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April 28 tornado event affects Tennessee Valley

Monday, April 28th, 2014, was a day that will be remembered by many in Limestone County, Alabama, and other locations across the Tennessee Valley for many days to come. Tornado damage caused extensive damage in areas of the valley, with injuries and even deaths reported. As WHNT-TV chief meteorologist Jason Simpson said in a recent interview, "None of the storms are forgettable, but the most memorable ones will be the tornadoes that did the most damage: South Lincoln School, Smith Institute, Welti/Simcoe, Limestone County, and so on. All of those places are special in my heart."

Limestone County tornado on April 28, 2014
Chris and Destinee Lisauckis

That day began with tornadoes in Mississippi, including a very destructive tornado in Tupelo. Seeing the coverage of that tornado on The Weather Channel, I knew that we were in for a long evening. Jason Simpson, chief meteorologist at WHNT-TV 19, revealed what was going through his mind as the tornado was crossing into Limestone County later that afternoon. "When I saw that donut hole in the signature over the Tennessee River headed into Coxey there were two things going through my mind: that’s probably a very large tornado, and I’ve got to remember every detail I know about western Limestone County to try to pinpoint where it is and where it is going."

By the time that the dust settled, there was major damage across the Tennessee Valley. From Limestone County, where Bay Hill Marina was heavily damaged and two people died in a mobile home park, to Lincoln County, Tennessee, where South Lincoln School was heavily damaged and two more people died in a house, April 28th was a devastating day across the valley. The two that died in Limestone County were a mother and a son; the two who died in Lincoln County were a husband and wife. Damage from the tornadoes across the valley that night will total into the millions of dollars.

Tuesday, April 29th, was supposed to be a second round of severe weather across the valley. However, storms never formed that day here in the Tennessee Valley. WHNT-TV chief meteorologist Jason Simpson stated what most meteorologists believed to have happened that day, "We believe the storms and flooding rains on the Gulf Coast may have interfered with the development of strong storms here on Tuesday. Things were in place, but those big Gulf Coast events can often shut down the threat here." Chris Lisauckis, storm chaser and recent graduate of the UAH Atmospheric Science program, stated that he felt the reason for the storms failing to fire was that the cloud base was too high and there was mixing of wind at the surface, with a low-level wind shear that was not adequate for severe weather. Further research is necessary to see what history will record as the reason severe weather did not form that day.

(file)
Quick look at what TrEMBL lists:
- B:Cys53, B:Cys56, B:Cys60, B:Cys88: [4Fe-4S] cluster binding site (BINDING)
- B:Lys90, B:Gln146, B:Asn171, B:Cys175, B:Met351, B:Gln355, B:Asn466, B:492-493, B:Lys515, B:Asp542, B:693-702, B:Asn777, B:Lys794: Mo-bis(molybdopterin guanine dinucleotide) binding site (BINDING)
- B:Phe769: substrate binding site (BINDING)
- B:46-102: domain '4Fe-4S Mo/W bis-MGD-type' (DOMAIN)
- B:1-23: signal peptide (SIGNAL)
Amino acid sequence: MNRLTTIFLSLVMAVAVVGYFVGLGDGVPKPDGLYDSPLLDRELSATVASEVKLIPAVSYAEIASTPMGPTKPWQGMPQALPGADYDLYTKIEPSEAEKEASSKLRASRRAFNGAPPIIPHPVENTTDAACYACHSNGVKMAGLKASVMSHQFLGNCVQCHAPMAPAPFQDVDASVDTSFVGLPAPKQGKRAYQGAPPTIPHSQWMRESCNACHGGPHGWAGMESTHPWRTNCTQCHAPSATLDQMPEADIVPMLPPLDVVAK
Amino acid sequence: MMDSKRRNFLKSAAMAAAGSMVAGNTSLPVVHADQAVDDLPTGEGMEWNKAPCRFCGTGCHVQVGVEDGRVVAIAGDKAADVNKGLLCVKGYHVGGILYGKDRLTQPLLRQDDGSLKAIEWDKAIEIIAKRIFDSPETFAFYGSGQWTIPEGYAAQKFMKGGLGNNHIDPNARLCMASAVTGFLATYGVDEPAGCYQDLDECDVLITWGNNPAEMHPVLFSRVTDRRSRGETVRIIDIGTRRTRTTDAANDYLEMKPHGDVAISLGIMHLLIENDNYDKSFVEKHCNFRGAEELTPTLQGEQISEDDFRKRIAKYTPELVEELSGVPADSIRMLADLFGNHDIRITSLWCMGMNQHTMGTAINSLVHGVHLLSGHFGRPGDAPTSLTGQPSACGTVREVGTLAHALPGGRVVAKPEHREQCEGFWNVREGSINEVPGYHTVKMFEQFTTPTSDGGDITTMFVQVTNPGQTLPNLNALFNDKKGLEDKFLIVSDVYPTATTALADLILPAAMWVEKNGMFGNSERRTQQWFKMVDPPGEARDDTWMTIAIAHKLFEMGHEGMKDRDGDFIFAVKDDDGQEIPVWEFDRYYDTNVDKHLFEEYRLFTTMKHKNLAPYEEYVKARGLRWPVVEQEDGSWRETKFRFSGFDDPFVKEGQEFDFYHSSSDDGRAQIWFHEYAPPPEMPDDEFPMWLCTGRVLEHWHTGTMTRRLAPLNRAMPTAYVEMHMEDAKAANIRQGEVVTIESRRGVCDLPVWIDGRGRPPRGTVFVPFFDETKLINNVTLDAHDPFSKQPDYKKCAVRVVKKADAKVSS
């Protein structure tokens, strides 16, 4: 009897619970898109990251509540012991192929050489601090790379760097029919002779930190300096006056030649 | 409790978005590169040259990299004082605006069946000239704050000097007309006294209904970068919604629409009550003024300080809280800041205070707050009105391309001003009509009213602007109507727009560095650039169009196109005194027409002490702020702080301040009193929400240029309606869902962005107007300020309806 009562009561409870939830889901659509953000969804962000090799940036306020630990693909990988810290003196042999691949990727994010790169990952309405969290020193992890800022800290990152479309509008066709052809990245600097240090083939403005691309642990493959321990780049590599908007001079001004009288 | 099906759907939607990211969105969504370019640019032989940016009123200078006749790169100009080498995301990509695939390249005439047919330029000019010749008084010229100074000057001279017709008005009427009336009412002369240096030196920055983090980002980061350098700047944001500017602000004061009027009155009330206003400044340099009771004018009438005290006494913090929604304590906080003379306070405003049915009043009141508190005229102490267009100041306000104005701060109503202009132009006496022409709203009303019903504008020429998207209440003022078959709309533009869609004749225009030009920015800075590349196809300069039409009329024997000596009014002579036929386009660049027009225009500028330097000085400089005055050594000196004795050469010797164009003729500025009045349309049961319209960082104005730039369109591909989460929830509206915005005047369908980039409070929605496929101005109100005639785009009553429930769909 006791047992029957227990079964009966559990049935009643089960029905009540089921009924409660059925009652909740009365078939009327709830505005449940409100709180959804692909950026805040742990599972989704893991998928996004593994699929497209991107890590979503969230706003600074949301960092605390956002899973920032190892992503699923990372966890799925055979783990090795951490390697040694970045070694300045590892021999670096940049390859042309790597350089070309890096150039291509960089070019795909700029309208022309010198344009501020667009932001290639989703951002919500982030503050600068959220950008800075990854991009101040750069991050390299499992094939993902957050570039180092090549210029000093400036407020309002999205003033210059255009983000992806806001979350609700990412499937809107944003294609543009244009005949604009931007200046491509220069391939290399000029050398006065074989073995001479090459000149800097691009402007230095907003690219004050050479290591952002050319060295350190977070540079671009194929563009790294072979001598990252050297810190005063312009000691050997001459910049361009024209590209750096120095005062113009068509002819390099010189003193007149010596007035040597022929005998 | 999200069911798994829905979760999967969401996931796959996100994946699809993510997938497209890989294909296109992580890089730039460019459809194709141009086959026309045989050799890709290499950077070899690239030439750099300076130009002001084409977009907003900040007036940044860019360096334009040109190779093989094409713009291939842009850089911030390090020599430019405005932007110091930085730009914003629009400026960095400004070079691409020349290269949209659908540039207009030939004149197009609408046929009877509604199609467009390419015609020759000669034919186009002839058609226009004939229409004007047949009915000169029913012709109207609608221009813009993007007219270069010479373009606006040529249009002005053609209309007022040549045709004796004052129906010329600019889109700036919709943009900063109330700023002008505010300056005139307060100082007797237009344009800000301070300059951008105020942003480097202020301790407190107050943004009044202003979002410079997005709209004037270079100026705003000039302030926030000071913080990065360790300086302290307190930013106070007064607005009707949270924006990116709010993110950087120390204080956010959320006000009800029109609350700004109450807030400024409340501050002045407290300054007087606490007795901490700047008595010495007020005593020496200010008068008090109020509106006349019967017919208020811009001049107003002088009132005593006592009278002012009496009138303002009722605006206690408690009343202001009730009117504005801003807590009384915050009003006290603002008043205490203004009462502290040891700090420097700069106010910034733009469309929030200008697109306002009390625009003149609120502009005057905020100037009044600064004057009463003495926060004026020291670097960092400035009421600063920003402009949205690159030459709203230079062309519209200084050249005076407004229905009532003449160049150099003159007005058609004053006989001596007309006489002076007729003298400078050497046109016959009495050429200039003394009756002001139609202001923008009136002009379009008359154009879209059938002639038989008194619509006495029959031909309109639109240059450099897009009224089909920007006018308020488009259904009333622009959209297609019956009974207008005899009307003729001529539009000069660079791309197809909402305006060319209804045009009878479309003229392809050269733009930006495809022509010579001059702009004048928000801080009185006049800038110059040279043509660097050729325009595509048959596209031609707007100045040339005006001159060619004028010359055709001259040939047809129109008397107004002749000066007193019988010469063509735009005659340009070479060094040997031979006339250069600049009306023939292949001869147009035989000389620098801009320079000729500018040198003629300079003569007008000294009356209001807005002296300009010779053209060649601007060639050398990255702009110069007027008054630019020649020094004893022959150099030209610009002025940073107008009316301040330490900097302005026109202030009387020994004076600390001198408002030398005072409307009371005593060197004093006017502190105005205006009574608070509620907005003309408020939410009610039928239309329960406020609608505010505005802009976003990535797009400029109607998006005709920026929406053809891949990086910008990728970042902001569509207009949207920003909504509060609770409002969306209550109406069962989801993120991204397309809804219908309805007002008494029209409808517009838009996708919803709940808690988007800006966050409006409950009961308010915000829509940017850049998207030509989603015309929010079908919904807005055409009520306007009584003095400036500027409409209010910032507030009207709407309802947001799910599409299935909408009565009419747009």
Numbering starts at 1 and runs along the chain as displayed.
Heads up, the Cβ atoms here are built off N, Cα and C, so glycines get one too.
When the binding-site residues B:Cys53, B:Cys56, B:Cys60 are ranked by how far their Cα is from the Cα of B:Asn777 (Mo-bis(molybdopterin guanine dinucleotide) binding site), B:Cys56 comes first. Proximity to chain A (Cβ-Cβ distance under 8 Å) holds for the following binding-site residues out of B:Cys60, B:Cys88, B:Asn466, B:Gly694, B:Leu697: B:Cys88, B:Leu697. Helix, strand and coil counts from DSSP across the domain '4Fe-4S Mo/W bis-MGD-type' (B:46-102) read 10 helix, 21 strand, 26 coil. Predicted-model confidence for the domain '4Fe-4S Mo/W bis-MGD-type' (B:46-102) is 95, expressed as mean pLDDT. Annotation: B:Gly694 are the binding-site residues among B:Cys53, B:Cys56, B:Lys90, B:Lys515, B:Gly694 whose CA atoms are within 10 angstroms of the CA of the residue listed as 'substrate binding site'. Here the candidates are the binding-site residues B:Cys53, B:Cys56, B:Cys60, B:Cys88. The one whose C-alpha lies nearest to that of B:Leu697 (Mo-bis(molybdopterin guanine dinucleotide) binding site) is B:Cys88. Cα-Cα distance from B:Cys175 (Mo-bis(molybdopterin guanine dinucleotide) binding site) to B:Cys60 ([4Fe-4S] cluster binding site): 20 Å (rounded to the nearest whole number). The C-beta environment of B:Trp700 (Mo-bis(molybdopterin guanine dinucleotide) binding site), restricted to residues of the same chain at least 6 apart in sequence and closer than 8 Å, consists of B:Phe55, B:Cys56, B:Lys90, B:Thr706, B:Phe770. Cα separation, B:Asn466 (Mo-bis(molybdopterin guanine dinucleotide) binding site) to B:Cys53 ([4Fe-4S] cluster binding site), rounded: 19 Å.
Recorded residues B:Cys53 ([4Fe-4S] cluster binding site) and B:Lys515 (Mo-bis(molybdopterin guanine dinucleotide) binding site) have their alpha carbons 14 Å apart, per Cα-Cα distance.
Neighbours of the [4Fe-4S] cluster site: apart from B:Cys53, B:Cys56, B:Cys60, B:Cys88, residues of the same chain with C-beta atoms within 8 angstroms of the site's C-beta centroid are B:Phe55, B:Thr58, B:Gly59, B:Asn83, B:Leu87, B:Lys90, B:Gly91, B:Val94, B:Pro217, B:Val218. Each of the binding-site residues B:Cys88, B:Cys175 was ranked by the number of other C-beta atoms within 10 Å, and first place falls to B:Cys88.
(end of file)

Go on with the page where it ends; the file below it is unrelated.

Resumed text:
Recovery has come a long way in one month's time. Rebuilding has begun in all areas affected by the tornadoes. In addition, Clements High School in Limestone County, which had the highest concentration of students affected by the storms, had a senior class that graduated on time.

The tornado outbreak of April 28, 2014, was a devastating time across the Tennessee Valley. However, just like other outbreaks prior to it, the valley will rebuild and will be Tennessee Valley strong.

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